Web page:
‘Reveal truths undiscerned but by that holy light.'”

CHAPTER IV.

O’er the stormy, wide, and billowy deep, Where the whale, the shark, and the sword-fish sleep; And amidst the plashing and feathery foam, Where the stormy-petrel finds a home.

“George is to open this meeting, by reciting some lines written by Mrs. Howitt, which are very clever, and will most appropriately introduce our subject.” So saying, Mrs. Wilton proceeded to arrange the members in their various places; and, seating herself, she turned to her son, who by virtue of his office was allowed to remain near Grandy’s chair until the great work was accomplished. George was hesitating, but an encouraging smile from this kind mother inspired him with confidence, and he commenced without further ceremony:–

[Illustration: ICEBERGS]

“‘The earth is large,’ said one of twain; ‘The earth is large and wide;
But it is filled with misery
And death on every side!’
Said the other, ‘Deep as it is wide Is the sea within all climes,
And it is fuller of misery
And of death, a thousand times!
The land has peaceful flocks and herds, And sweet birds singing round;
But a myriad monstrous, hideous things Within the sea are found–
Things all misshapen, slimy, cold, Writhing, and strong, and thin,
And waterspouts, and whirlpools wild, That draw the fair ship in.
I’ve heard of the diver to the depths Of the ocean forced to go,
To bring up the pearl and the twisted shell From the fathomless caves below;
I’ve heard of the things in those dismal gulfs, Like fiends that hemm’d him round–
I would not lead a diver’s life
For every pearl that’s found.
And I’ve heard how the sea-snake, huge and dark, In the arctic flood doth roll;
He hath coil’d his tail, like a cable strong, All round and round the pole:
And they say, when he stirs in the sea below, The ice-rocks split asunder–
The mountains huge of the ribbed ice– With a deafening crack like thunder.
There’s many an isle man wots not of, Where the air is heavy with groans;
And the bottom o’ th’ sea, the wisest say, Is covered with dead men’s bones.
I’ll tell thee what: there’s many a ship In the wild North Ocean frore,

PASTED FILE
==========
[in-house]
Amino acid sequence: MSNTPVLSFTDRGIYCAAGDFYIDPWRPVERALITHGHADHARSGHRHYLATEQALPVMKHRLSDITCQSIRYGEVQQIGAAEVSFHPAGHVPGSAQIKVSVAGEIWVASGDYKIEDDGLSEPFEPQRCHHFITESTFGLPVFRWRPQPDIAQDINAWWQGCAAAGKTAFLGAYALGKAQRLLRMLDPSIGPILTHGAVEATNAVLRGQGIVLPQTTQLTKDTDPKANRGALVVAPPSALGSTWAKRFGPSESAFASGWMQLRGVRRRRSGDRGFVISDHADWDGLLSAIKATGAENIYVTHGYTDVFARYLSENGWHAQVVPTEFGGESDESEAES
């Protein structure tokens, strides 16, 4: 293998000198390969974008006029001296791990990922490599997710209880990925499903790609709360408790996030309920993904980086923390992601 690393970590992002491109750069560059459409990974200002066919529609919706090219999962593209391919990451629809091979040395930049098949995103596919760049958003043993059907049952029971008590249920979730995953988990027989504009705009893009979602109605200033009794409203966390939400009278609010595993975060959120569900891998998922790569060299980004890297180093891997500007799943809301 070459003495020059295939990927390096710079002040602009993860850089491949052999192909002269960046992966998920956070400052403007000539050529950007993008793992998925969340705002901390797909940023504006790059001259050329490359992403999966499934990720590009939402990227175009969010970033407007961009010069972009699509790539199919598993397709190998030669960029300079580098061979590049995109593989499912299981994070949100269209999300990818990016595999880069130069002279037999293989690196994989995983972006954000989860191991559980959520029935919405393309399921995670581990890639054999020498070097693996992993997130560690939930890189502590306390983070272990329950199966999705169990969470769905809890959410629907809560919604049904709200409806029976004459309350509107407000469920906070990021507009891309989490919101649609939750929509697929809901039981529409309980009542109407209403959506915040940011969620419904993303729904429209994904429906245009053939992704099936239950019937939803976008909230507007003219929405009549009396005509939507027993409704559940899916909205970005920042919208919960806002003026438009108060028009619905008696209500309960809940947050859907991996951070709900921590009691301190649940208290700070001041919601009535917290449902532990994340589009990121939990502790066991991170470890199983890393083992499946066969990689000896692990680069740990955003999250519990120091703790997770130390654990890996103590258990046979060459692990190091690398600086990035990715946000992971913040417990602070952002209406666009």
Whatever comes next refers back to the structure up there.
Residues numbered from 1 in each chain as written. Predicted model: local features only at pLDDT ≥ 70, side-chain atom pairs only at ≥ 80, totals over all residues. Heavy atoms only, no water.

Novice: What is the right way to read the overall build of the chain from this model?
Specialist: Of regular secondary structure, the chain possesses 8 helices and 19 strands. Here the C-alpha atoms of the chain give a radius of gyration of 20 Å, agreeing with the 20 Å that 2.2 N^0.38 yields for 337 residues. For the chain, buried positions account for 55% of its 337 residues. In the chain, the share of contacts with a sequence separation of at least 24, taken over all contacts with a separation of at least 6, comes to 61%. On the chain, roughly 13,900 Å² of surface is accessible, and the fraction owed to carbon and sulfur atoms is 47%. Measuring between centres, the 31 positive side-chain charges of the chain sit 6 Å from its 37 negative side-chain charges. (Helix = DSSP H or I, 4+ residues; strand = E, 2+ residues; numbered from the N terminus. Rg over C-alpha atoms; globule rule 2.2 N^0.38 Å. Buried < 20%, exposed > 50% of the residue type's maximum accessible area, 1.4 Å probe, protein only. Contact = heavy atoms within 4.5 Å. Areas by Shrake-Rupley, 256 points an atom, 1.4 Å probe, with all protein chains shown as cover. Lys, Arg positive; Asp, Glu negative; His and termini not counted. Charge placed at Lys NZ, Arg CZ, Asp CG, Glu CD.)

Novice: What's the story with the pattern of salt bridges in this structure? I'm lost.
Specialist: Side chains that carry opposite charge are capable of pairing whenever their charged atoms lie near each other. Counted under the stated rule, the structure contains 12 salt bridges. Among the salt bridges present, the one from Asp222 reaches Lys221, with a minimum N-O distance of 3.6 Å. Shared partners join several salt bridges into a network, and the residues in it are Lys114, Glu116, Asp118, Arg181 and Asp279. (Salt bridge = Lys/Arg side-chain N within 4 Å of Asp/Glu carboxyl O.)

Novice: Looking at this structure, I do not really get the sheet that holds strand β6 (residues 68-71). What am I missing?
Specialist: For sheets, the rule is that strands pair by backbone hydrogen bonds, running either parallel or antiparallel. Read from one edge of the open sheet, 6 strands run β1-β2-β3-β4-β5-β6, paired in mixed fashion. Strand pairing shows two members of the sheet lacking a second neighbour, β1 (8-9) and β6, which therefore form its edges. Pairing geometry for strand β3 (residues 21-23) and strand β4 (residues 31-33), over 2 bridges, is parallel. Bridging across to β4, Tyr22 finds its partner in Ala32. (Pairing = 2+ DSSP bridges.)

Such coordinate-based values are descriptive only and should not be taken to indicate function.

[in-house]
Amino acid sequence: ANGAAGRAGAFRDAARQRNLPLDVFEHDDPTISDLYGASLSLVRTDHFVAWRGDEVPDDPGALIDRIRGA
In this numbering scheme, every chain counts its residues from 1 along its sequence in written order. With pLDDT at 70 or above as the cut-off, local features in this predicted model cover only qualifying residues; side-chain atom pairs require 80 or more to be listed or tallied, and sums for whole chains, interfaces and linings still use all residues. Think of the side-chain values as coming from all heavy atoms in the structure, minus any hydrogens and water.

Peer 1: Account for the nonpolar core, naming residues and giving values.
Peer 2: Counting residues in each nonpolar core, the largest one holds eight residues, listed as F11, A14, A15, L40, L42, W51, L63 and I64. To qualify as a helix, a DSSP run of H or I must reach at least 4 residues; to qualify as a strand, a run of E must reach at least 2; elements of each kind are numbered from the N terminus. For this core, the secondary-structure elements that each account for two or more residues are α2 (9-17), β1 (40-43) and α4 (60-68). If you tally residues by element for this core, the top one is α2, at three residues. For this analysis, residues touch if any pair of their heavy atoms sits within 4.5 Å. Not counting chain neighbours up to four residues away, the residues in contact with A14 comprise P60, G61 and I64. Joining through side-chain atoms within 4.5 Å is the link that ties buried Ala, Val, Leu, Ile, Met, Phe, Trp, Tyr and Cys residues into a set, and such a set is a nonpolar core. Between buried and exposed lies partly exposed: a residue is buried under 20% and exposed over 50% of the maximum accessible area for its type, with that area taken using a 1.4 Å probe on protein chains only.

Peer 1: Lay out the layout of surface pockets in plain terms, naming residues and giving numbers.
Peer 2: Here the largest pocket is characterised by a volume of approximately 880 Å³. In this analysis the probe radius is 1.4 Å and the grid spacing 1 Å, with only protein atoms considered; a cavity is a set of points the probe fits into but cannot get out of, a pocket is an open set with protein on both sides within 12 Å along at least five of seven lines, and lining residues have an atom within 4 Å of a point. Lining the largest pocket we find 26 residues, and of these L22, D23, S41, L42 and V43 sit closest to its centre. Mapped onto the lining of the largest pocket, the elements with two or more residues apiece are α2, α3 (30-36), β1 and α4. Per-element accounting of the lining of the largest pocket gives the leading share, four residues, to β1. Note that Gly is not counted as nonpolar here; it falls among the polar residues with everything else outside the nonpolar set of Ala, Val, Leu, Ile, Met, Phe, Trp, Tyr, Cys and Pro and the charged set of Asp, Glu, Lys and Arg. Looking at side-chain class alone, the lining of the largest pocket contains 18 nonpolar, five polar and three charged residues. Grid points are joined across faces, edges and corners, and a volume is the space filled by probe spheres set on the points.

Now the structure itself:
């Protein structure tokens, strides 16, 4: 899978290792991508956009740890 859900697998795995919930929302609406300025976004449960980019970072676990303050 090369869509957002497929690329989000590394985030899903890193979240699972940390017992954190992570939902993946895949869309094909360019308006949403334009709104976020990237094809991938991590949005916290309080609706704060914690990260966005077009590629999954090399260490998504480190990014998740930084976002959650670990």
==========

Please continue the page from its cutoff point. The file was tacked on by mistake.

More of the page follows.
That has lain in the ice a thousand years, And will lie a thousand more;
And the men–each one is frozen there In the place where he did stand;
The oar he pull’d, the rope he threw, Is frozen in his hand.
The sun shines there, but it warms them not; Their bodies are wintry cold:
They are wrapp’d in ice that grows and grows, Solid, and white, and old!
And there’s many a haunted desert rock, Where seldom ship doth go–
Where unburied men, with fleshless limbs, Are moving to and fro:
They people the cliffs, they people the caves,– A ghastly company!–
never sail’d there in a ship myself, But I know that such there be.
And oh! the hot and horrid track
Of the Ocean of the Line!
There are millions of the negro men Under that burning brine.
The ocean sea doth moan and moan,
Like an uneasy sprite;
And the waves are white with a fiendish fire That burneth all the night.
‘Tis a frightful thing to sail along, Though a pleasant wind may blow,
When we think what a host of misery Lies down in the sea below!
Didst ever hear of a little boat,
And in her there were three;
They had nothing to eat, and nothing to drink, Adrift on the desert sea.
For seven days they bore their pain; Then two men on the other
Did fix their longing, hungry eyes,– And that one was their brother!
And him they killed, and ate, and drank– Oh me! ’twas a horrid thing!
For the dead should lie in a churchyard green, Where the pleasant flowers do spring.
And think’st thou but for mortal sin Such frightful things would be?
In the land of the New Jerusalem
There will be no more sea!'”

MR. WILTON. “Well done! George; very nicely repeated indeed: you are a most promising member of our little society; and we will drink your health in some of Grandy’s elder-wine to-night at supper, and not forget the honors to be added thereto. Now, is it determined how we are to proceed; whether we take the seas of Asia, or enter on the broad waves of the various oceans which wash many of the shores of Europe?”